Allow plenty of time when traveling from this airport. Only travelling passengers will be able to proceed more than a few meters beyond the airport entrance. There are 2 sets of check in counters available in terminal one - left and right. In general these counters open 2 hours before flight time as many are shared with other airlines. Each set of counters has 2 x-ray machines where you must first scan all your luggage (hold and carry-on) before you get to the check-in counters; and only travelling passengers are allowed through this area and the lines can be quite long. Once you have checked in and obtained boarding documents, you must then pass through passport control and additional x-ray machines. The length of time for this part of departure is difficult to predict given the number of flights leaving in proximity to one another. There is a "Family Lounge" area upstairs on the left from the Terminal 1 check-in area before passing through passport control (as of 18 Sept 2013 - this lounge is closed and under renovation).
Riyadh's train station is approximately in the middle of the city, with four trains daily to Dammam via Al-Hofuf and Al-Hasa. Try to show up 30 minutes early, as you'll need to pass through security before boarding.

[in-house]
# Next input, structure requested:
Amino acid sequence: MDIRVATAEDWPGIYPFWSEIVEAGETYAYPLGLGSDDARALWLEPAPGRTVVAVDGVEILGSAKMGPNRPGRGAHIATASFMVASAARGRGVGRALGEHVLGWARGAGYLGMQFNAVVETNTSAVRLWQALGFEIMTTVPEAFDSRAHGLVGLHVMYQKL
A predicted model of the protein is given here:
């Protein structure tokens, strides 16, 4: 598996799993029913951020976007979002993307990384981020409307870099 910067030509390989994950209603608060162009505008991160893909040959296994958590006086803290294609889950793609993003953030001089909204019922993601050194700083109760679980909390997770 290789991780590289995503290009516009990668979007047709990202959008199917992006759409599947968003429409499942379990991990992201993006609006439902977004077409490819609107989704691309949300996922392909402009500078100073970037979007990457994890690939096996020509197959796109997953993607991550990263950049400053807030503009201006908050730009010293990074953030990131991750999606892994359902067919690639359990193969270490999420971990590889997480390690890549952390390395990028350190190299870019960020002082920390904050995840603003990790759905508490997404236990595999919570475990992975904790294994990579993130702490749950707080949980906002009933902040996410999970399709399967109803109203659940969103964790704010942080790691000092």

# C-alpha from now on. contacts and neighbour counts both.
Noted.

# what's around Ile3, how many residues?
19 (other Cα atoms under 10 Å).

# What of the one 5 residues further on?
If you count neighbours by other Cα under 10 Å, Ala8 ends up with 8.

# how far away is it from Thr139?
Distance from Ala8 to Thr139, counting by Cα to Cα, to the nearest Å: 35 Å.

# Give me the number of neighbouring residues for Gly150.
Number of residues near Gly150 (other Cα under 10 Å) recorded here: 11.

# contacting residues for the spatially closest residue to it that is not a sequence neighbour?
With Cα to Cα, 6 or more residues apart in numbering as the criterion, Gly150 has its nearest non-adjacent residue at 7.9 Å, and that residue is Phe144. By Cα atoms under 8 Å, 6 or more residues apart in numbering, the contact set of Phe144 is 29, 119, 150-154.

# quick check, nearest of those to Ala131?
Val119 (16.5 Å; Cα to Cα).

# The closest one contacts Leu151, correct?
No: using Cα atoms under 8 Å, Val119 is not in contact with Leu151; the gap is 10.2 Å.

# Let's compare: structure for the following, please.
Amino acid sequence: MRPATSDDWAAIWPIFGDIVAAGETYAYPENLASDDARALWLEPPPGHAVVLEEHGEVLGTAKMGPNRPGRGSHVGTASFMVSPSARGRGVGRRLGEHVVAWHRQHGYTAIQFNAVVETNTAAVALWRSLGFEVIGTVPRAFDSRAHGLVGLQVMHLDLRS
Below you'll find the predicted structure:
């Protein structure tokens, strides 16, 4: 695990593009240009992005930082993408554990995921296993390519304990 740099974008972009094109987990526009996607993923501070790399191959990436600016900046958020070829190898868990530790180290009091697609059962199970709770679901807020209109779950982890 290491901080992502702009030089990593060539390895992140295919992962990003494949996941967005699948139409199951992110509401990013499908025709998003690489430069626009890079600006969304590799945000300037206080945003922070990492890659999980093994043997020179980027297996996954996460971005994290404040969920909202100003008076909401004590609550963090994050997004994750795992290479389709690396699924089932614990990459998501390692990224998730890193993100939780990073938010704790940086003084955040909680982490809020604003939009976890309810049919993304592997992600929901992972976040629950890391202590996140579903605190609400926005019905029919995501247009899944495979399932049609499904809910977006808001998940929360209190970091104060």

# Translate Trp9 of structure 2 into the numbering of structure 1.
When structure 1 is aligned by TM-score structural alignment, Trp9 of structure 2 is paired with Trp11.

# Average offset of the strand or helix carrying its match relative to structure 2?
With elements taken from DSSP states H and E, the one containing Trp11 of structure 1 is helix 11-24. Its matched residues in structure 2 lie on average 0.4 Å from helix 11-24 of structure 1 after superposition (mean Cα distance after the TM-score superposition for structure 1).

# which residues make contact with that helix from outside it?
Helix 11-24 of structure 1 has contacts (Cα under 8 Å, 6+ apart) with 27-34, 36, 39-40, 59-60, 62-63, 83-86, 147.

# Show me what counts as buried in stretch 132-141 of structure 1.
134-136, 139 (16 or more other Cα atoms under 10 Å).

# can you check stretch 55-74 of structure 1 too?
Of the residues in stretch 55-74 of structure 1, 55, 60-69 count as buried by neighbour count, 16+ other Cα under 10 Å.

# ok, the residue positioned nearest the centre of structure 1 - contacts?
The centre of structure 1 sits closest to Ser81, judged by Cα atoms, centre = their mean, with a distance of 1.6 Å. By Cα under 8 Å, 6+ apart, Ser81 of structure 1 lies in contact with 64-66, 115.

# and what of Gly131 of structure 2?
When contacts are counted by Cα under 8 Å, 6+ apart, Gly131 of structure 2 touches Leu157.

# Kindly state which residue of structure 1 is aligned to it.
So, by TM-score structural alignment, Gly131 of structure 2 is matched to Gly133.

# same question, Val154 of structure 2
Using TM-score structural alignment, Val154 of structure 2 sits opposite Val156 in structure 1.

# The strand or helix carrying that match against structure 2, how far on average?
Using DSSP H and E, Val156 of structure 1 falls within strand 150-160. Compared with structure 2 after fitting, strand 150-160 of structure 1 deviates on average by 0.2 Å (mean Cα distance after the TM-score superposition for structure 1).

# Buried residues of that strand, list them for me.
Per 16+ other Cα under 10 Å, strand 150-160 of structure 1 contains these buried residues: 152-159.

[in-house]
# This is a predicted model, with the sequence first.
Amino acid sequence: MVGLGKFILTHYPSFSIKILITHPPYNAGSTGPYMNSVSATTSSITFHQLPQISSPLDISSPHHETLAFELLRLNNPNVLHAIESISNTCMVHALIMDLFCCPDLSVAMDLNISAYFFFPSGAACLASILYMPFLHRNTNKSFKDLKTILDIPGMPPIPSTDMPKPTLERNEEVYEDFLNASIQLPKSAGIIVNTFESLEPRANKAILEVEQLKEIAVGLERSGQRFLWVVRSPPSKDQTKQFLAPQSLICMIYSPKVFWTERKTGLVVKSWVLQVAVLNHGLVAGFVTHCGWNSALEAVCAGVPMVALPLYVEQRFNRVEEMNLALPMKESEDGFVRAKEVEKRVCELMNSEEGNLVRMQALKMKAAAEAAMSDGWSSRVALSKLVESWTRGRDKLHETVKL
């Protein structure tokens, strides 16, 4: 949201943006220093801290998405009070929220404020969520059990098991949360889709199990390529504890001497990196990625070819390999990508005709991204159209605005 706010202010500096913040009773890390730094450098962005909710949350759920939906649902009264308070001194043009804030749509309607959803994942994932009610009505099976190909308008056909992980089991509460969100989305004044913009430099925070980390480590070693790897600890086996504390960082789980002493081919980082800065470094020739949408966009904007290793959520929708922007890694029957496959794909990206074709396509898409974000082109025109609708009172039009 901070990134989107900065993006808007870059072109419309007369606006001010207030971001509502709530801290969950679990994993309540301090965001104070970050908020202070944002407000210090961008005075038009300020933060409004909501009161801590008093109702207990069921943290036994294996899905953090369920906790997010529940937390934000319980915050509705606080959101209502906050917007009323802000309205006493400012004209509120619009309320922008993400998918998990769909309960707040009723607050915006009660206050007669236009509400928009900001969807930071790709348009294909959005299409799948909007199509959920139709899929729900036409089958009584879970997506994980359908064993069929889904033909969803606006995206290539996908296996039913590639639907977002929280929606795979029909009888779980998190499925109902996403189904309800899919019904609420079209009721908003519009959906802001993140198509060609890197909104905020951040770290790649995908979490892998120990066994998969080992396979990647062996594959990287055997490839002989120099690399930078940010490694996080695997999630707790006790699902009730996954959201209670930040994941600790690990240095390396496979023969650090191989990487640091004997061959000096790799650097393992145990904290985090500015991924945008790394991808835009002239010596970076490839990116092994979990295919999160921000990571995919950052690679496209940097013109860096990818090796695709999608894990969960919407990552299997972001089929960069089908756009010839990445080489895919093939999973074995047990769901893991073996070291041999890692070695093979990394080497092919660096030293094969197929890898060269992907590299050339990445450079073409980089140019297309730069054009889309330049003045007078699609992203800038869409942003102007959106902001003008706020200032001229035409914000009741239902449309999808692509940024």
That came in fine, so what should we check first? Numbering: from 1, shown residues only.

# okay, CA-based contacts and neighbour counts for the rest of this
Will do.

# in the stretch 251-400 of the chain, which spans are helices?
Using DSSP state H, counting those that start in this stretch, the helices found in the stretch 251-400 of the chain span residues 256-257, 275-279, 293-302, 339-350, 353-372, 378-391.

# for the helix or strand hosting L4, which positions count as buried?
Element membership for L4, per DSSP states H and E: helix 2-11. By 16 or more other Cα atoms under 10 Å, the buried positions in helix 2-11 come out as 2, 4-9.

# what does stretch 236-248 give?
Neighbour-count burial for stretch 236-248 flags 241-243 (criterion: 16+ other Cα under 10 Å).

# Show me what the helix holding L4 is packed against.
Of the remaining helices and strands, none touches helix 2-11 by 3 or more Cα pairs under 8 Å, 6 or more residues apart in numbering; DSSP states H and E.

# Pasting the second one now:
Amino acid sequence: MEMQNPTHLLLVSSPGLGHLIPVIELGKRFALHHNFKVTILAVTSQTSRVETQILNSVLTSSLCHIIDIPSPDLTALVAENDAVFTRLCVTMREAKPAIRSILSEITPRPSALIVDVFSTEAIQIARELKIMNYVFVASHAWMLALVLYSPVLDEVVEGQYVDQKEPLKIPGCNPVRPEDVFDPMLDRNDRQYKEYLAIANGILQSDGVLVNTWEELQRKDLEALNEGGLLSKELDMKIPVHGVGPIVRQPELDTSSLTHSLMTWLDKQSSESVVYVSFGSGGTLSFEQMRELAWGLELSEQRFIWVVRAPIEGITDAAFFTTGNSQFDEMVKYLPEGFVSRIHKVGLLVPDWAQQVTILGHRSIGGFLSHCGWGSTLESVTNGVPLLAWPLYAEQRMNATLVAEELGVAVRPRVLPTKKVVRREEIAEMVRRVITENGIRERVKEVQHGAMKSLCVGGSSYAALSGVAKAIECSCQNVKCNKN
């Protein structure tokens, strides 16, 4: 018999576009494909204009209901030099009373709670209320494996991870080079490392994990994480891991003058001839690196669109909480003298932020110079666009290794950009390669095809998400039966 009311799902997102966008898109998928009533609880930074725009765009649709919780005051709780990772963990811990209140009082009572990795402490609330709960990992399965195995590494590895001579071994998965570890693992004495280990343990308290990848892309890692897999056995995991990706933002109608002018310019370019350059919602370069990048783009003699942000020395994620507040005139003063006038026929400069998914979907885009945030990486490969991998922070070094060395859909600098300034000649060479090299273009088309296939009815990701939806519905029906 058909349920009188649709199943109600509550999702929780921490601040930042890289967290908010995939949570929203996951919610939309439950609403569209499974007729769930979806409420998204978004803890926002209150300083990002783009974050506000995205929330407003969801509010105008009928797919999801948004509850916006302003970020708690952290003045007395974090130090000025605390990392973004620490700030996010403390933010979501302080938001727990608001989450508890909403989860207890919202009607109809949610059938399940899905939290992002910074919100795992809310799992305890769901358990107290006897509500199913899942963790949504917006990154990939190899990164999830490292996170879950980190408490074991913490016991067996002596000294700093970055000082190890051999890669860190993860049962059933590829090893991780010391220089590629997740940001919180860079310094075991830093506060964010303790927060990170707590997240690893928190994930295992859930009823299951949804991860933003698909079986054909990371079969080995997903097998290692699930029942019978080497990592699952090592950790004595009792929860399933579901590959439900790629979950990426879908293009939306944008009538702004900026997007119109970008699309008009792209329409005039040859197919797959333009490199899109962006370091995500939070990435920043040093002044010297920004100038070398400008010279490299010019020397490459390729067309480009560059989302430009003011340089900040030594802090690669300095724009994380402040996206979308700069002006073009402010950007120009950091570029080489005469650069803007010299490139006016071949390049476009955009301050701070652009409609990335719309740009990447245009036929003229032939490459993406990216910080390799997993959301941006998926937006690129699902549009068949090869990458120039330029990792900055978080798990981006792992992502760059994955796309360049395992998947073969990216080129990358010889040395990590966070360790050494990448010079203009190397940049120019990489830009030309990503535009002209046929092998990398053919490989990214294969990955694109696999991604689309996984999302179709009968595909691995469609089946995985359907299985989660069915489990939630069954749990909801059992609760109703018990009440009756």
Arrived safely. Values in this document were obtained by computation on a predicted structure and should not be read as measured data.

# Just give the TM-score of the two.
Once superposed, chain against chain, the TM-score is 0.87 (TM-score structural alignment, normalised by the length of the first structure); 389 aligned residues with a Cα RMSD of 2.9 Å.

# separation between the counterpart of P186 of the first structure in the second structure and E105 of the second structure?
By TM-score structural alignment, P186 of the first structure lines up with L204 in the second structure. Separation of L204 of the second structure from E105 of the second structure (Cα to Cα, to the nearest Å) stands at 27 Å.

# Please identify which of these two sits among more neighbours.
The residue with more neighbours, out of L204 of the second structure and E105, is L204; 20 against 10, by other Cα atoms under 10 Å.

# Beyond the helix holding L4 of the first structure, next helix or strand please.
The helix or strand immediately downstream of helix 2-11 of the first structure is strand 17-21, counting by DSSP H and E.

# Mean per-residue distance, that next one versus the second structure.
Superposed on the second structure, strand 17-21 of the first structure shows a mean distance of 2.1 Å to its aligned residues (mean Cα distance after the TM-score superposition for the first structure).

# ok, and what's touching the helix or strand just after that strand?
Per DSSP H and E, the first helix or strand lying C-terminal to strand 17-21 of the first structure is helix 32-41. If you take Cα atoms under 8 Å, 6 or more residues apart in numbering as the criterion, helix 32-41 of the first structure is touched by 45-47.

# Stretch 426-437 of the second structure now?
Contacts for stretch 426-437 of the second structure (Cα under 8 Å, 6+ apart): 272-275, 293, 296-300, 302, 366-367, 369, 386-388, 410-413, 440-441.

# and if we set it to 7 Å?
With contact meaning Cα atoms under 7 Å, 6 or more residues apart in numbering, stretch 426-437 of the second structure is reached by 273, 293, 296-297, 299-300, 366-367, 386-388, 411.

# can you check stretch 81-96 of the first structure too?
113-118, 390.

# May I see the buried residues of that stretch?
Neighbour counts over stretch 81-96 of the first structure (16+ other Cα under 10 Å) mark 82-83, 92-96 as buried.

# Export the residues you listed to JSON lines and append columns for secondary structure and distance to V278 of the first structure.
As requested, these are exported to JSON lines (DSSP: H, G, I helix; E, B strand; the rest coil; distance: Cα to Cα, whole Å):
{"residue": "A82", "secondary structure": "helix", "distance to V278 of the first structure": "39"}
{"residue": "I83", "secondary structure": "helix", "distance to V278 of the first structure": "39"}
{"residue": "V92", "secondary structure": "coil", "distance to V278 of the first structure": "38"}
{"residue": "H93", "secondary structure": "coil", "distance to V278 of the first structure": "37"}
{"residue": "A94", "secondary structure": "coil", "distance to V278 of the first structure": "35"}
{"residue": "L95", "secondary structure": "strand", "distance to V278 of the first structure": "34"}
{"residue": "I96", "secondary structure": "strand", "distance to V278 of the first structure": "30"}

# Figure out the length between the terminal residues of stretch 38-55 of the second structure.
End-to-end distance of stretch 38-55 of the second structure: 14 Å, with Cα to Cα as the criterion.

The Central Bus Terminal (tel. +966-1-2647858) is inconveniently located in the Aziziyah district some 17 km south of the city center; expect to pay at least SR30 for a taxi to get there. Buses from Dammam take a tolerable 4.5 hours, while it's a punishing 10-12 hour haul to Jeddah or Mecca with several stops on the way.
Most roads are tarmacked, albeit to varying levels of repair. Driving standards are slightly more sensible than those of the city centres, but caution is still needed. Some highways see heavy usage from lorries and petrol tankers, often in convoy.
Riyadh is very much a car-oriented city, and public transportation in Riyadh is badly underdeveloped. There are street addresses everywhere in Riyadh, but normally mail is delivered to post office boxes. Getting around requires knowing landmarks near the place where you want to go.